Disclaimer: I do not own any of CS Lewis' books or characters or actors that play the characters.
Notes: This is totally AU from the books and movies, yet still maintains many elements from both, so sorry if this is confusing or weird.
It had been ten generations since the Telmarines have invaded Narnia. Over two hundred years since they exterminated, or nearly so, all of the beasts and tree-spirits. Those that had not been killed in the great battles between Telmar and Narnia were captured and killed for sport. Any that had tried to escape were hunted, the Dwarves, Centaurs, Satyrs, Fauns, any beast or bird that uttered the language of men. The trees that housed the Dryads were cut down for lumber.
Only the humans, the precious few remaining of the Old Narnians, were allowed to survive. But they were treated as no better than slaves, subject to the rule of the Telmarine kings, forced to earn their living with back-breaking labor.
And now, it was Miraz who sat on the Telmarine throne, first of that name. For the past centuries, Miraz's ancestors have worked to blot out the existence of the "Old Narnians." So thorough had been the Telmarines in the scourging of the land that even tales of talking beasts and mystical creatures became whispered rumors, lost in the wind. Yet, these rumors, and perhaps more, still remained everlastingly strong.
"Peter! Peter, wake up!" the shrill voice of his youngest sister pierced the dreams of the sleeping teenager.
"What is it," he mumbled, rubbing at his face. He was annoyed that he was awoken from the escape that was sleep, now painfully reminded how lumpy his bed was and how thin the blankets were.
"It's them," Lucy said, and Peter realized how frightened her voice rang in the dark. He could barely make out her shape next to his bed but he could tell that she was trembling. "Telmarine soldiers. They're back!"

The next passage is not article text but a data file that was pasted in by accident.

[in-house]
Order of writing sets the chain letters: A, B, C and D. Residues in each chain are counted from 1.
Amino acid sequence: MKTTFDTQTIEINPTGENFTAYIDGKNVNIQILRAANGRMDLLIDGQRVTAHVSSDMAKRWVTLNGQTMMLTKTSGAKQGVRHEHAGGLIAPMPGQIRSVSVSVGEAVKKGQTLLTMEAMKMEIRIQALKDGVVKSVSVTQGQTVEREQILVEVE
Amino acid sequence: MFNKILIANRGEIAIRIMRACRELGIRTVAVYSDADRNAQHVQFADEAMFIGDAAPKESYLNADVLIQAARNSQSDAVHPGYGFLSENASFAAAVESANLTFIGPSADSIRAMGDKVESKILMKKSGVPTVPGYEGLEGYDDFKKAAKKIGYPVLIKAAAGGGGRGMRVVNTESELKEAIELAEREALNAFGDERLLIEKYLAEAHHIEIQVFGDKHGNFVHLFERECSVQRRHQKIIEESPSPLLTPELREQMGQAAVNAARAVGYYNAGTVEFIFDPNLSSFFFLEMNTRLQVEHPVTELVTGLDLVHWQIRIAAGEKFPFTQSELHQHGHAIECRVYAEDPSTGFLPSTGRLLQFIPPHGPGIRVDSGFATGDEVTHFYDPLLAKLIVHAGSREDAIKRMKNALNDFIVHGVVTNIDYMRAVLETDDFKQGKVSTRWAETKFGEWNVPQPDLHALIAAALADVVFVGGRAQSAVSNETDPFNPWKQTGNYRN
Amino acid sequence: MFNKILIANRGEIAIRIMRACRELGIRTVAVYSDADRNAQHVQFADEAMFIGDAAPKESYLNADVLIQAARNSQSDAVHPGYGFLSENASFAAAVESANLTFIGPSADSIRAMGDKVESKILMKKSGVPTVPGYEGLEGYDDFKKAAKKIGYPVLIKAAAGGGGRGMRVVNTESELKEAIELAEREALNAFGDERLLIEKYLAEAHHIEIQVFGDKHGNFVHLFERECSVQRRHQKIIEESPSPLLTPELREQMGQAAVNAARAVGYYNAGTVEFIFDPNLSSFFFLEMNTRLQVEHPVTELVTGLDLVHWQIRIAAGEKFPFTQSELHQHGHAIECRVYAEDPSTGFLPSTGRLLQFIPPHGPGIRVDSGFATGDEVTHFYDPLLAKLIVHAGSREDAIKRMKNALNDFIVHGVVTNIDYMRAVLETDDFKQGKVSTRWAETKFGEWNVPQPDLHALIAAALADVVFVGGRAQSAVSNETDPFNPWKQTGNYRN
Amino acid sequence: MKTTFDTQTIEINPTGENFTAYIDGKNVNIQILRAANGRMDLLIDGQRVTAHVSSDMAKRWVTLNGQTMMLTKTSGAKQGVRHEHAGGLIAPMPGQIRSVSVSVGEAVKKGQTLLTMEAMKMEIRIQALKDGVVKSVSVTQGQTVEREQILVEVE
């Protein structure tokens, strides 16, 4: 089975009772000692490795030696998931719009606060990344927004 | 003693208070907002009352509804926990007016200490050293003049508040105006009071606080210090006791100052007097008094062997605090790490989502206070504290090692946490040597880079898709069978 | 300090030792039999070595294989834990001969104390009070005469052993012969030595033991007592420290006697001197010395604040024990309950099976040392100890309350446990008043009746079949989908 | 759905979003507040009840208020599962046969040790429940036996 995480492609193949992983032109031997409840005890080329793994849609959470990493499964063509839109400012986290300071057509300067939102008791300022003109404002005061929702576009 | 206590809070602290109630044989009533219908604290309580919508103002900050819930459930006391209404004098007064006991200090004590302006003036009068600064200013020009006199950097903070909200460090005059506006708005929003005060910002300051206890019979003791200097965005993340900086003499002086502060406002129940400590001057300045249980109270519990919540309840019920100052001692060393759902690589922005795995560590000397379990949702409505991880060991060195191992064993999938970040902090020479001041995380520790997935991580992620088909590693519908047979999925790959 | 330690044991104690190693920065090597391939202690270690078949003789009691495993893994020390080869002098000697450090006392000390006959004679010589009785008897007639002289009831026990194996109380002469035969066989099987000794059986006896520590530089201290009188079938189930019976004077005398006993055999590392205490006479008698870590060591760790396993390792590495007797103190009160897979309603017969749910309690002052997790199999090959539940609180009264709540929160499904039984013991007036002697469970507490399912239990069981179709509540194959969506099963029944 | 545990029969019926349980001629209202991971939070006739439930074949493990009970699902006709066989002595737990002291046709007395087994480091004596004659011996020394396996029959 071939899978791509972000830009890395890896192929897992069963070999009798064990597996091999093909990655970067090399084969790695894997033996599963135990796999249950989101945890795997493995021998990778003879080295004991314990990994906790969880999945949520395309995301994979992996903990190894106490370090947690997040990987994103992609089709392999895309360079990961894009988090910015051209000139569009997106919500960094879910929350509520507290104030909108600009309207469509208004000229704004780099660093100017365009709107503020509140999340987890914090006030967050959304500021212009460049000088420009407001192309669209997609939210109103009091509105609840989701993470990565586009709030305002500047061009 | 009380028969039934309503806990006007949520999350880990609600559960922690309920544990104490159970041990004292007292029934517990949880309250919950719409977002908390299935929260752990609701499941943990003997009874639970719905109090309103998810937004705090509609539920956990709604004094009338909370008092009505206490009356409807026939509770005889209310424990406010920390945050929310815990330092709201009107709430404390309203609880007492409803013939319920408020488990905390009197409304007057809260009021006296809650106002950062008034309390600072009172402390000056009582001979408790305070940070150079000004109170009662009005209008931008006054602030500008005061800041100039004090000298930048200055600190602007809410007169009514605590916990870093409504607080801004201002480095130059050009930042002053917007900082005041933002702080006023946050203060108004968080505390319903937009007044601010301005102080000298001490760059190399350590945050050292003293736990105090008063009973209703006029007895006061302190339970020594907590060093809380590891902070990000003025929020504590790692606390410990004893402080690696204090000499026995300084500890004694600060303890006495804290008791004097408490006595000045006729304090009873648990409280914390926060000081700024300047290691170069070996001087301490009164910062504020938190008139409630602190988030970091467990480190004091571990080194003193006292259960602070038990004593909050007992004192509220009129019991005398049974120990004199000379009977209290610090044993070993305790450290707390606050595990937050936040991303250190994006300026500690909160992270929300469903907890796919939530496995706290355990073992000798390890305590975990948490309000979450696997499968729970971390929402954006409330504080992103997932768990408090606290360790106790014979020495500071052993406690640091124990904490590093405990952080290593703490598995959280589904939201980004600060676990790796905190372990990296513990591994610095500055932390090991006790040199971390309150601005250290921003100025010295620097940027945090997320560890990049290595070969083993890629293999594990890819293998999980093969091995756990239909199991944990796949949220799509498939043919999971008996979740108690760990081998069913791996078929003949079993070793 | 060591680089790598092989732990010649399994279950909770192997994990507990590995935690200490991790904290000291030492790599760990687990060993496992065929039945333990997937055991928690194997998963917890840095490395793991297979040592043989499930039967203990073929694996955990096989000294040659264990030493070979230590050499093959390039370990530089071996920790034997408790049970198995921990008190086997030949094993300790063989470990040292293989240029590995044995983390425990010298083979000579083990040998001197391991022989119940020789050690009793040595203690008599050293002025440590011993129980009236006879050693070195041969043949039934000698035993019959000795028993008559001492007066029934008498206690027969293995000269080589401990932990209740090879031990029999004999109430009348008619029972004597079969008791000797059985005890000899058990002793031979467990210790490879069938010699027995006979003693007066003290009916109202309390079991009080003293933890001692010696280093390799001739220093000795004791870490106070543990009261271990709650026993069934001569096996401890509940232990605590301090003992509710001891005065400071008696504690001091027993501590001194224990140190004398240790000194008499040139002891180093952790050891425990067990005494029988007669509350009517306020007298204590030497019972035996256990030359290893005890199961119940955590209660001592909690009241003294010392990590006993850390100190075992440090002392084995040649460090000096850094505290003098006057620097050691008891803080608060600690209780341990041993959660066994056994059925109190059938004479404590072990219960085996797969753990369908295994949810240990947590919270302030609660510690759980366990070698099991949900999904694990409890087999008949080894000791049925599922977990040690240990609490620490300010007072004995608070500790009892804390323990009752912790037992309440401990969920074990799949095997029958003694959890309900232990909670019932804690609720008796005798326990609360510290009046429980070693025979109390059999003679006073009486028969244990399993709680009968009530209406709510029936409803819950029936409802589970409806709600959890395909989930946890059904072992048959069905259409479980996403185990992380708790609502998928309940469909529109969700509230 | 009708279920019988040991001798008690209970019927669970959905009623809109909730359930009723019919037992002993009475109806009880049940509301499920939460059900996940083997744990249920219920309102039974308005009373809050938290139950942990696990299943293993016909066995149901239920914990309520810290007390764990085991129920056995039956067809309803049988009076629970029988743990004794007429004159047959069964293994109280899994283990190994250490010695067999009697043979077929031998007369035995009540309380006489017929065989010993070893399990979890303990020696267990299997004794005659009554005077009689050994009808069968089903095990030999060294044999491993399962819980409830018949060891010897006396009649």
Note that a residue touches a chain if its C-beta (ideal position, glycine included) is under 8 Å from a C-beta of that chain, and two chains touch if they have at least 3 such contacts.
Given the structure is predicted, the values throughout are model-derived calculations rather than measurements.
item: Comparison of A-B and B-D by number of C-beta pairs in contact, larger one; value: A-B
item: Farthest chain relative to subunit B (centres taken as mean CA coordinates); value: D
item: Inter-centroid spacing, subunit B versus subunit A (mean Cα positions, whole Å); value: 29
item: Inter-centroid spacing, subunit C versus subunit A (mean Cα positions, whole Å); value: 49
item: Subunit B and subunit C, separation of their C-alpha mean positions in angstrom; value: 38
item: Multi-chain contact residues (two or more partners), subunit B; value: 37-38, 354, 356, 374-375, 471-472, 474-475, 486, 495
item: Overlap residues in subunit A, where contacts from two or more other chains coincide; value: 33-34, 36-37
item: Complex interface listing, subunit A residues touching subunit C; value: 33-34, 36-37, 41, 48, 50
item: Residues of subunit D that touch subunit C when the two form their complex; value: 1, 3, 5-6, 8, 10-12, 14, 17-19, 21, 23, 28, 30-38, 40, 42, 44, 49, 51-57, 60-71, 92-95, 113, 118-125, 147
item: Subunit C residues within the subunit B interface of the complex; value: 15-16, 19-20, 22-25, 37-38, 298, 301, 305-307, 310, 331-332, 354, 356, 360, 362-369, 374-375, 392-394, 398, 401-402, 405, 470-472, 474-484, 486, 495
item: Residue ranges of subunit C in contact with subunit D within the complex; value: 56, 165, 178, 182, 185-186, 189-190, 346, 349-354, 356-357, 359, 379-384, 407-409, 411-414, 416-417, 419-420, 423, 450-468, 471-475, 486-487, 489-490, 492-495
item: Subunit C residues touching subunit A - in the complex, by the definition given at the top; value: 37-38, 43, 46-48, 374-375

Instantly, Peter was awake. Sitting up, he gently put his hands on her small shoulders to calm her.
"It's alright, Lucy," he whispered. He became aware of the noises, shouts and heavy footfalls, coming from outside the small house they lived in. He could see many torch lights flickering and waving about from the window.
"Go to your room," he told her quickly. "Lock the door and don't come out. Close the windows and get into bed. Don't come out, do you hear me, Lucy?"
When she would not stop shaking, he pulled her skinny frame into his arms and pressed a kiss to her hair, trying to reassure her. She was crying, afraid.
"I wish Mother was here," she whimpered, her small hands clutching at Peter's worn nightshirt.
"Shh, it's alright, it's alright, Darling," Peter whispered, gently running his hands over her back and frantically trying to calm his sister while his own heart was pounding in a wild panic as the shouting grew louder outside. His mind tried to work out what to do. He knew that the village could not hope to fight the soldiers off, not after the last raid. What did they want?
"Look, Lucy, you're going to go up to your bed and lie down. Go to sleep – you'll have Thomas-Bear with you, right? – and you'll wake up in the morning, and everything will be fine. I'll be down in the kitchen making you breakfast, and everything will be alright, I promise."